When we reject the need for our ego, when we drop the persona that faces others and start living our own ideal, we can truly be at peace and in control of our lives. And we don’t need God or anyone else telling us what to do. We are ultimately powerful when we are not controlled by others. God is not controlled by others. We are god embodied when we are not controlled by others.

We realize we are god embodied when we live out our ideal and refuse to compromise that ideal for anyone. This takes detaching ourselves from our ego that holds onto the wants and expectations of others. We, like god, are subject to no one’s control when we are able to do this. Jesus Christ demonstrated this when he died on the cross.

Vipassana is the art of focusing on the Process of living properly. Vipassana is the second most important thing to know in the world.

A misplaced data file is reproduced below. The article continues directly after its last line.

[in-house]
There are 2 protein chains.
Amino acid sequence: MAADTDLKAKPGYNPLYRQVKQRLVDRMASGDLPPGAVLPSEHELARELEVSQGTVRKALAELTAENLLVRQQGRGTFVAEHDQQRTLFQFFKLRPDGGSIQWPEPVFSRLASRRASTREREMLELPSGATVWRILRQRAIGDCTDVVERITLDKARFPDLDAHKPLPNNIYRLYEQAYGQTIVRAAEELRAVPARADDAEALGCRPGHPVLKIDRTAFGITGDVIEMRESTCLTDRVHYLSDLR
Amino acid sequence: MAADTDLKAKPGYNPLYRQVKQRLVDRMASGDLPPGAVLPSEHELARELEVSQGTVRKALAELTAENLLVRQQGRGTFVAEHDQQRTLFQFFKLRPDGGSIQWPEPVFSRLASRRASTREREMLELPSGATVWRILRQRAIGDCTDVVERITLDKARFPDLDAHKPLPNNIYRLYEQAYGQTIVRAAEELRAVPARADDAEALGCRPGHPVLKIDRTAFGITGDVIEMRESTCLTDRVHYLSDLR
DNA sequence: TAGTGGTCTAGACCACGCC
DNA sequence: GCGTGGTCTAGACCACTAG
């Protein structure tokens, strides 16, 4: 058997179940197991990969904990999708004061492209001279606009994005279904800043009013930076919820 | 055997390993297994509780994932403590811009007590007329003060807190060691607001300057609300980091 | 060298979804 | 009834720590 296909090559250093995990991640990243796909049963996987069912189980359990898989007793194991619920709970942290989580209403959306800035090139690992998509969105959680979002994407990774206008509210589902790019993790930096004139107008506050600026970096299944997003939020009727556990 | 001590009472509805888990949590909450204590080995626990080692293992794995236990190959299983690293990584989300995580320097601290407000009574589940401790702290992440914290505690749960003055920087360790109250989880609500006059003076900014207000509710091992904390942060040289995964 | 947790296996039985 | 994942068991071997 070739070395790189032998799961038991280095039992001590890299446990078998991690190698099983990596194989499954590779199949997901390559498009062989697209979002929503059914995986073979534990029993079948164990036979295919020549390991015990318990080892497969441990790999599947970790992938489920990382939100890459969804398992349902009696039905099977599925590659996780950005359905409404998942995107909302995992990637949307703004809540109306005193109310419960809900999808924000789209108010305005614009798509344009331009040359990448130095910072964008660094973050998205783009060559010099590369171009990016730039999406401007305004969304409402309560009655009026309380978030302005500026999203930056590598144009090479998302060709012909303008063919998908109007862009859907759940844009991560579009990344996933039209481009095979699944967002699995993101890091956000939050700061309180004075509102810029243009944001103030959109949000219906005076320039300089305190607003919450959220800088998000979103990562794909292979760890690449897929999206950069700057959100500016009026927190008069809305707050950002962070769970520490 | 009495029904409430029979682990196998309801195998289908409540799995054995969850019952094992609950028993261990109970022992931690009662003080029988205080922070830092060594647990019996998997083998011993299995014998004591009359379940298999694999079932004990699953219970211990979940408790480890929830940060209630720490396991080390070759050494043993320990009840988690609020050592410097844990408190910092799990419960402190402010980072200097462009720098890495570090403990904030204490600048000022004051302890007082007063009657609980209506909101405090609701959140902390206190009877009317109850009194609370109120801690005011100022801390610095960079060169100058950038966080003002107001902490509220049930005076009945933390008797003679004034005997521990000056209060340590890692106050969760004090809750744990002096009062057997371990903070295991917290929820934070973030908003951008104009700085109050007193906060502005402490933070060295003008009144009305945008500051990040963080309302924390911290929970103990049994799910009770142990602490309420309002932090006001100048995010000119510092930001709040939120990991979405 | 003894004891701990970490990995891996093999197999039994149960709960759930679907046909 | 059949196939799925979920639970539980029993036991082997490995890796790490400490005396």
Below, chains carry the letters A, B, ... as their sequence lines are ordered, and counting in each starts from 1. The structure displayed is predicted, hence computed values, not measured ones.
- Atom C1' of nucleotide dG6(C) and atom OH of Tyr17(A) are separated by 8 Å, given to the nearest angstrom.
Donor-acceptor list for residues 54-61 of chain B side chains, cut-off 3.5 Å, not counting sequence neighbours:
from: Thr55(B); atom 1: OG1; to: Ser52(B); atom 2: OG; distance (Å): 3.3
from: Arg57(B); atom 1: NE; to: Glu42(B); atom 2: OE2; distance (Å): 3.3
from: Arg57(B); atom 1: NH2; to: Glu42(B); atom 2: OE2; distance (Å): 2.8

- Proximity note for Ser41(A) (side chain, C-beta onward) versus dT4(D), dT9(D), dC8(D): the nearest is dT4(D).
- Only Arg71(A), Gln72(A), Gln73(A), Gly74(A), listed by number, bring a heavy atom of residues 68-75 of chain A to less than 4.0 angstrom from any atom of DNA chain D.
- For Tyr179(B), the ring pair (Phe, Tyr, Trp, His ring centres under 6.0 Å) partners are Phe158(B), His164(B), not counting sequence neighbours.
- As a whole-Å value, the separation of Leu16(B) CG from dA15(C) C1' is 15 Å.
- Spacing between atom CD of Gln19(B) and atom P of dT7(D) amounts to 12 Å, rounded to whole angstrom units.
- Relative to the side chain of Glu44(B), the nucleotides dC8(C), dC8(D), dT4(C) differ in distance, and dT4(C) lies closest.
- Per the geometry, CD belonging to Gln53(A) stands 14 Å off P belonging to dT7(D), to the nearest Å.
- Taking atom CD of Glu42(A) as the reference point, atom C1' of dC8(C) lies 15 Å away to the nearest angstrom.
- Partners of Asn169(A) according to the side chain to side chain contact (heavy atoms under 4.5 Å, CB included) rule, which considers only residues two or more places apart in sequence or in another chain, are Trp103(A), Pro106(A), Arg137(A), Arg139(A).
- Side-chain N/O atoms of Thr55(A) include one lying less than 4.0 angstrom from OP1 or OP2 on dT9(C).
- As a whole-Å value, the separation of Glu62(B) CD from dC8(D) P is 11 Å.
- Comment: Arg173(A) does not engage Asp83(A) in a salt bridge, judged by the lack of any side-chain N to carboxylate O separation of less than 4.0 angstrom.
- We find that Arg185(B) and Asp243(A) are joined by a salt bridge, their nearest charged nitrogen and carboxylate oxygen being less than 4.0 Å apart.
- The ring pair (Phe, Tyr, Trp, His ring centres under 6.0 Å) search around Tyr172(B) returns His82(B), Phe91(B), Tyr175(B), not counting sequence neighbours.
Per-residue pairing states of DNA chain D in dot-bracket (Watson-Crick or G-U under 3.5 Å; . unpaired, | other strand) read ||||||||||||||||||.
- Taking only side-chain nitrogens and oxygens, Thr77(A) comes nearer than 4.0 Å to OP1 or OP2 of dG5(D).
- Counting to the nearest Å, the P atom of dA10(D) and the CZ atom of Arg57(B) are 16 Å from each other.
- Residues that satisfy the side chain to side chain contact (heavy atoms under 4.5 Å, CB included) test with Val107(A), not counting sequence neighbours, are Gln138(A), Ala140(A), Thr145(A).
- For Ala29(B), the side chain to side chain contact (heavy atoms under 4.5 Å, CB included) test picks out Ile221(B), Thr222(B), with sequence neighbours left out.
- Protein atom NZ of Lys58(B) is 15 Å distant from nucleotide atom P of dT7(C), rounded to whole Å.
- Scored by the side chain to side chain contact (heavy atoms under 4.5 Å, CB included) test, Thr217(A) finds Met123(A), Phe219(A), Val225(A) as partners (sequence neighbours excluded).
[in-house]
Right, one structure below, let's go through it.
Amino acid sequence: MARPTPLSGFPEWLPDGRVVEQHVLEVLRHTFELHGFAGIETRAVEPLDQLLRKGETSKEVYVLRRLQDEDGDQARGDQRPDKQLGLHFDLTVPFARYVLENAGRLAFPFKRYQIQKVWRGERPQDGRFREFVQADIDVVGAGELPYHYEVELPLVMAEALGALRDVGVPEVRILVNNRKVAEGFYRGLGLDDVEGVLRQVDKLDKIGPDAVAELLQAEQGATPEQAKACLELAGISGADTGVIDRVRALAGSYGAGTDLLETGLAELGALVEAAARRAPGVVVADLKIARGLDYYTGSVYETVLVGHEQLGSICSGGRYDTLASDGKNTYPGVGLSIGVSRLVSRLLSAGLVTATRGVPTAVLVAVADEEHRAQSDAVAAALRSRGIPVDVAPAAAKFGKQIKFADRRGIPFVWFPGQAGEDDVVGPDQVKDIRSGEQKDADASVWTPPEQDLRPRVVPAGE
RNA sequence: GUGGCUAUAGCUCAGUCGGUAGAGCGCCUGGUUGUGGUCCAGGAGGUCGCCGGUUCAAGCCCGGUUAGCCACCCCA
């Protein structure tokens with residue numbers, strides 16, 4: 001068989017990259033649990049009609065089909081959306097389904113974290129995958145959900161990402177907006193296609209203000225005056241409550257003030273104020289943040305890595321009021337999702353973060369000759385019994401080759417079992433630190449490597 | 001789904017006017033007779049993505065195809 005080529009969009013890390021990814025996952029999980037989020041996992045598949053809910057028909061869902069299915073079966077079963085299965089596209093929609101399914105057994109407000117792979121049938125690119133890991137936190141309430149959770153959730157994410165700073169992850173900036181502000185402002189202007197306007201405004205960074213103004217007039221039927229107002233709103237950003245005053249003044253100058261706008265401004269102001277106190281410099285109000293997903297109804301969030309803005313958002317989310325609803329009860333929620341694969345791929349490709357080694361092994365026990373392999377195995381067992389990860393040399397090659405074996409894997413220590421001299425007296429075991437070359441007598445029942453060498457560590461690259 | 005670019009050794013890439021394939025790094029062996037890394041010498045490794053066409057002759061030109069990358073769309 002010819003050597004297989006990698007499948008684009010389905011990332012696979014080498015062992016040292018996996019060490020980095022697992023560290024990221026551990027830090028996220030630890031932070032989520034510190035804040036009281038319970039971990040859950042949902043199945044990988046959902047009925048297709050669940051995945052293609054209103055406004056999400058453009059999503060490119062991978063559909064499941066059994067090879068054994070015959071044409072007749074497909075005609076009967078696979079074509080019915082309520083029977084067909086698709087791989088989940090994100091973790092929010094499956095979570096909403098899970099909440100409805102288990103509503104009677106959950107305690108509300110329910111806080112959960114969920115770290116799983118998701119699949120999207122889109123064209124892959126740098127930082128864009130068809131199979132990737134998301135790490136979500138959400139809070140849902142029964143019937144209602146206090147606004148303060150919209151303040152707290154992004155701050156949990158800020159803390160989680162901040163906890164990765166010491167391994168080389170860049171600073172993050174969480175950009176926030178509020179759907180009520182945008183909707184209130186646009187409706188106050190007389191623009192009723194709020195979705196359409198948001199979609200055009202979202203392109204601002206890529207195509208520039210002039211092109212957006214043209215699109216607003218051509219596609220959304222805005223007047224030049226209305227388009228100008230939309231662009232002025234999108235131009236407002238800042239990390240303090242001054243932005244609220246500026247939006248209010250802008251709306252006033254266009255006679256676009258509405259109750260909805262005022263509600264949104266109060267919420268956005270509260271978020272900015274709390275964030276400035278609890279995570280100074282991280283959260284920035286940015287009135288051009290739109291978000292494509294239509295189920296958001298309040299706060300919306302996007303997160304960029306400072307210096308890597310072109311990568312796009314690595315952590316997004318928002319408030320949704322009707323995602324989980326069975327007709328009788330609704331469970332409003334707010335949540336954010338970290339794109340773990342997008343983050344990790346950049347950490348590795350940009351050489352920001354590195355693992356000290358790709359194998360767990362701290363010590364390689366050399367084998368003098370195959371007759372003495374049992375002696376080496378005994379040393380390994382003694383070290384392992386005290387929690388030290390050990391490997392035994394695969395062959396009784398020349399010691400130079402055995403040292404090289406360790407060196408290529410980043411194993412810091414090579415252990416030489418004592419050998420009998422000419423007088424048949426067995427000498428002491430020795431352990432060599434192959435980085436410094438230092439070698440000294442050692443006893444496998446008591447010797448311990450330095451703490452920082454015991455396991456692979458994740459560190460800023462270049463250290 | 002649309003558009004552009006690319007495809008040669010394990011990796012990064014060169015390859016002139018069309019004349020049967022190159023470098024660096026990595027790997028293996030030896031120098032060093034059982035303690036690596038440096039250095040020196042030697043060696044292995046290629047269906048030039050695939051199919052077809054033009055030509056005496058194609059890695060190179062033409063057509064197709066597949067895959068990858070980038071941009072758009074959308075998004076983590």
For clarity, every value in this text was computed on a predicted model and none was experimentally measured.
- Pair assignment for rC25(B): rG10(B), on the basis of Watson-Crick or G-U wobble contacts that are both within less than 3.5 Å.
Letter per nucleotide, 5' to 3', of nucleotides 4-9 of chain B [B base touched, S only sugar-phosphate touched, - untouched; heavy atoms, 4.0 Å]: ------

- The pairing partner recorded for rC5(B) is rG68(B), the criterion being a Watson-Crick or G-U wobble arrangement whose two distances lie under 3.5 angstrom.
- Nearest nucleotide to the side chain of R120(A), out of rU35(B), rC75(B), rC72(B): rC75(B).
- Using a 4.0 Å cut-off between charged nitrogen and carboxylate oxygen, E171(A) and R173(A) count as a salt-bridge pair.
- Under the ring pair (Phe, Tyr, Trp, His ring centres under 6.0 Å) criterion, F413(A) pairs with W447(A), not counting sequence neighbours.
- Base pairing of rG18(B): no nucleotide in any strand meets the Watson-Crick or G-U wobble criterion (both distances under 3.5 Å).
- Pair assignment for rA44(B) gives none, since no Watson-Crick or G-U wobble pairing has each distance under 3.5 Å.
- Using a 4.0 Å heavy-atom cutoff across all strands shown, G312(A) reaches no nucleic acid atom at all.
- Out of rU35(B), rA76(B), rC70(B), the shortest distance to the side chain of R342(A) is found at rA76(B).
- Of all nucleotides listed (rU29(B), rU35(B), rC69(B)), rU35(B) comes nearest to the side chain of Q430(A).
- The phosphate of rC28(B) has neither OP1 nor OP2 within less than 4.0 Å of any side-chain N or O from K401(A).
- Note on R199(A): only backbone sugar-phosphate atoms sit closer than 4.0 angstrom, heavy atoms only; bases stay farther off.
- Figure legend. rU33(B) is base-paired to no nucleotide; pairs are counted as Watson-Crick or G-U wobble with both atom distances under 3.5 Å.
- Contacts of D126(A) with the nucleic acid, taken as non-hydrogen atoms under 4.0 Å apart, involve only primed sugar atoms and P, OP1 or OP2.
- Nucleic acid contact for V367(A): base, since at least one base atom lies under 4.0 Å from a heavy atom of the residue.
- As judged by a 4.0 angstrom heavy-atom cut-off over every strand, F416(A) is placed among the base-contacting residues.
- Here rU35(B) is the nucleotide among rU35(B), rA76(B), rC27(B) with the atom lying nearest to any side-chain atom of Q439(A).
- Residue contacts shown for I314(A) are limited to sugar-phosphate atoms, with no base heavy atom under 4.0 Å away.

Vipassana is the second most important thing to know in the world. Vipassana is the art of focusing on the process of living properly. Vipassana, as a concept and practice, dates back to the earliest concepts and practices of Buddhism. The goal is to gain power over all things by gaining power over the mind. By controlling the thoughts that enter our minds, we can have more control over how those thoughts manifest in our behavior and our attitude. By being conscious of our thoughts, we can be aware of which thoughts are being pushed on us by outside forces – such as wants for status and wealth, versus those that we naturally come up with.

Vipassana is most often practiced by individuals that attend 10-day meditation retreats. During the 10-day retreat, the practitioner meditates for hours each day, does not indulge in any vice, conversation, or distraction of any kind, eats minimally and only for sustenance, and is to pay attention to each behavior that the individual engages in – whether that behavior is normally conscious or unconscious.